The cochlear implant, Google Maps and the NSW desalination plant have been named by Australians as the most important local engineering feats of the past decade.
In a survey that was conducted by McCrindle Research this month, Australians also said that broadband internet and their mobile phones had had the biggest impact on their lives.
The survey was commissioned by professional body Engineers Australia in the lead up to the launch of its $2.5m 'Make it so' campaign, which aimed to increase awareness of the profession.
The campaign invited Australians to submit creative engineering project ideas to a web site, with the promise of making one dream a reality.
Ideas could range from tools to assist with daily chores to a way to travel from Sydney to Perth in an hour, organisers said.
According to Engineers Australia's CEO Peter Taylor, the web site had received 718 applications within 56 hours of its launch.
"It's really capturing Australians' imaginations. There don't seem to be too many challenges [to coming up with new ideas]," he told iTnews.
Innovating in the technology-centric 21st century could be difficult, but there were also more tools available to would-be inventors, Taylor said.
"These days, it's more complex, but there are different challenges and different tools available," he said.
Taylor said "bigger picture stuff" like water sustainability, climate change, medical innovations, infrastructure, and population growth were particularly fertile grounds for innovation in Australia.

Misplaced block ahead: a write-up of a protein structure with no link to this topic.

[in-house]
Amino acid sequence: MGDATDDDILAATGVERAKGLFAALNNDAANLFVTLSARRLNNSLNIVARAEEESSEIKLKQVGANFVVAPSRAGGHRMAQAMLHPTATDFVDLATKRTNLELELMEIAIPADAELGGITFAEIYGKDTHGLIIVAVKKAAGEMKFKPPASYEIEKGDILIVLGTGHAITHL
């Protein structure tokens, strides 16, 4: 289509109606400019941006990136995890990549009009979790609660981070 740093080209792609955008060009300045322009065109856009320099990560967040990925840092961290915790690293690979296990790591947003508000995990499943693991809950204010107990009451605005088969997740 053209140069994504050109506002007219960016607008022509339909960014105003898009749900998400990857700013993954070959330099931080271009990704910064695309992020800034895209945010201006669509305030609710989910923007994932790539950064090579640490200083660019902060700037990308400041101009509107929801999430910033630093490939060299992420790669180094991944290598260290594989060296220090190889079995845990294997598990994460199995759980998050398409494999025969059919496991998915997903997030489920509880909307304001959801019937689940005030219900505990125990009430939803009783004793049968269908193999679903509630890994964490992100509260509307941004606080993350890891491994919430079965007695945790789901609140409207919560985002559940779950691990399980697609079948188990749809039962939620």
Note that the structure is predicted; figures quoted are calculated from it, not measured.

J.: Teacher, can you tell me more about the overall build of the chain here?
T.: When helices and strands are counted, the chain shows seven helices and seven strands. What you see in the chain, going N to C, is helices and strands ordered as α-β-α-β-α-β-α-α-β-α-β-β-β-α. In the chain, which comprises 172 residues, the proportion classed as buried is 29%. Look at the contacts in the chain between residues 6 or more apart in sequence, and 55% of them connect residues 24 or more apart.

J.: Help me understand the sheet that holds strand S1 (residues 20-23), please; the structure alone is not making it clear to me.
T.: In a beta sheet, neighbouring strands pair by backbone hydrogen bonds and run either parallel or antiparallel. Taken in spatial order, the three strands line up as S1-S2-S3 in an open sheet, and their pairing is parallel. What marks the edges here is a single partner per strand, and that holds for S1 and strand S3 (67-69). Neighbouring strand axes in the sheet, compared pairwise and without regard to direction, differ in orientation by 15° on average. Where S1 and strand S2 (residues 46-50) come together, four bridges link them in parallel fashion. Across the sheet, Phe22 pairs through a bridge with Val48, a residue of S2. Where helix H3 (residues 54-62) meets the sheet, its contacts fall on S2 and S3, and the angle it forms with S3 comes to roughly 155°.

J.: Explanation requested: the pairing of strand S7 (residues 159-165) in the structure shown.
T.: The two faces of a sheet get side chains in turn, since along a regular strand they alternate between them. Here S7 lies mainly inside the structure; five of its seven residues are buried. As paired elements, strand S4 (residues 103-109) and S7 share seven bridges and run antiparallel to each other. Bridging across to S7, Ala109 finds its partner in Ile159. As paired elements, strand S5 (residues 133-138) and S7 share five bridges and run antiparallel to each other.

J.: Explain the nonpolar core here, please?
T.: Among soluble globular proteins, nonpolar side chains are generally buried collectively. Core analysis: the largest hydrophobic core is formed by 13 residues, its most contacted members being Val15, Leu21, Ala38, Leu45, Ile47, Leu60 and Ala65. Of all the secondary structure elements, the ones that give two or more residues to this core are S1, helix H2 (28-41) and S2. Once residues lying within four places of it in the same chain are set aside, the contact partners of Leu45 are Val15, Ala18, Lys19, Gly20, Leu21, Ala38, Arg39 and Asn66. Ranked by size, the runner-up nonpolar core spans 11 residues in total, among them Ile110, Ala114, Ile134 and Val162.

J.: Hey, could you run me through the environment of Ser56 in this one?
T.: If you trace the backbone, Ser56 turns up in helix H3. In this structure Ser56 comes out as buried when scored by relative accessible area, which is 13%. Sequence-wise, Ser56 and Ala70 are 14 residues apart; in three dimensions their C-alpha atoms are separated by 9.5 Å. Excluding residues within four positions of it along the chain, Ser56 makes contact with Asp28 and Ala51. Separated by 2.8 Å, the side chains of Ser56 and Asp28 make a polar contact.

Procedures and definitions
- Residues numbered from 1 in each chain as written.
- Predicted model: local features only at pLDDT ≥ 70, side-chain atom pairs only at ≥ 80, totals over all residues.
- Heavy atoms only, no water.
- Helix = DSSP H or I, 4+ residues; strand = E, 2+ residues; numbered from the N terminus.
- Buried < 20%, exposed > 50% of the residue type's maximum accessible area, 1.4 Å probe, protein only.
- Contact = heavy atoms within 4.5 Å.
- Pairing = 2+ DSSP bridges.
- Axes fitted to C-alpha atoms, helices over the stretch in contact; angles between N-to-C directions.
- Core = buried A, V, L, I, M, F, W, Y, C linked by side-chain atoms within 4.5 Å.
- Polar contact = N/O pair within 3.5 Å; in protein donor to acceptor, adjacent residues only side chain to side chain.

The campaign's winning entry would likely follow the "selfless characteristics" of successful Australian inventions like the cochlear implant, an electronic aid for the hearing impaired, organisers suggested.
It would be chosen by Engineers Australia and announced in August. A prototype would be designed by an engineering team in collaboration with the winner, and Engineers Australia would own the intellectual property for the idea.
For each week of the competition, ending 15 May, one idea also would be chosen from a user-reviewed shortlist of ten, and the owner would be awarded an Eee PC.
Engineers Australia stated that commercialisation of the 'Make it so' idea was not the campaign's objective; rather, it hoped to "inspire and educate on the value engineering brings to Australian's lives and communities".
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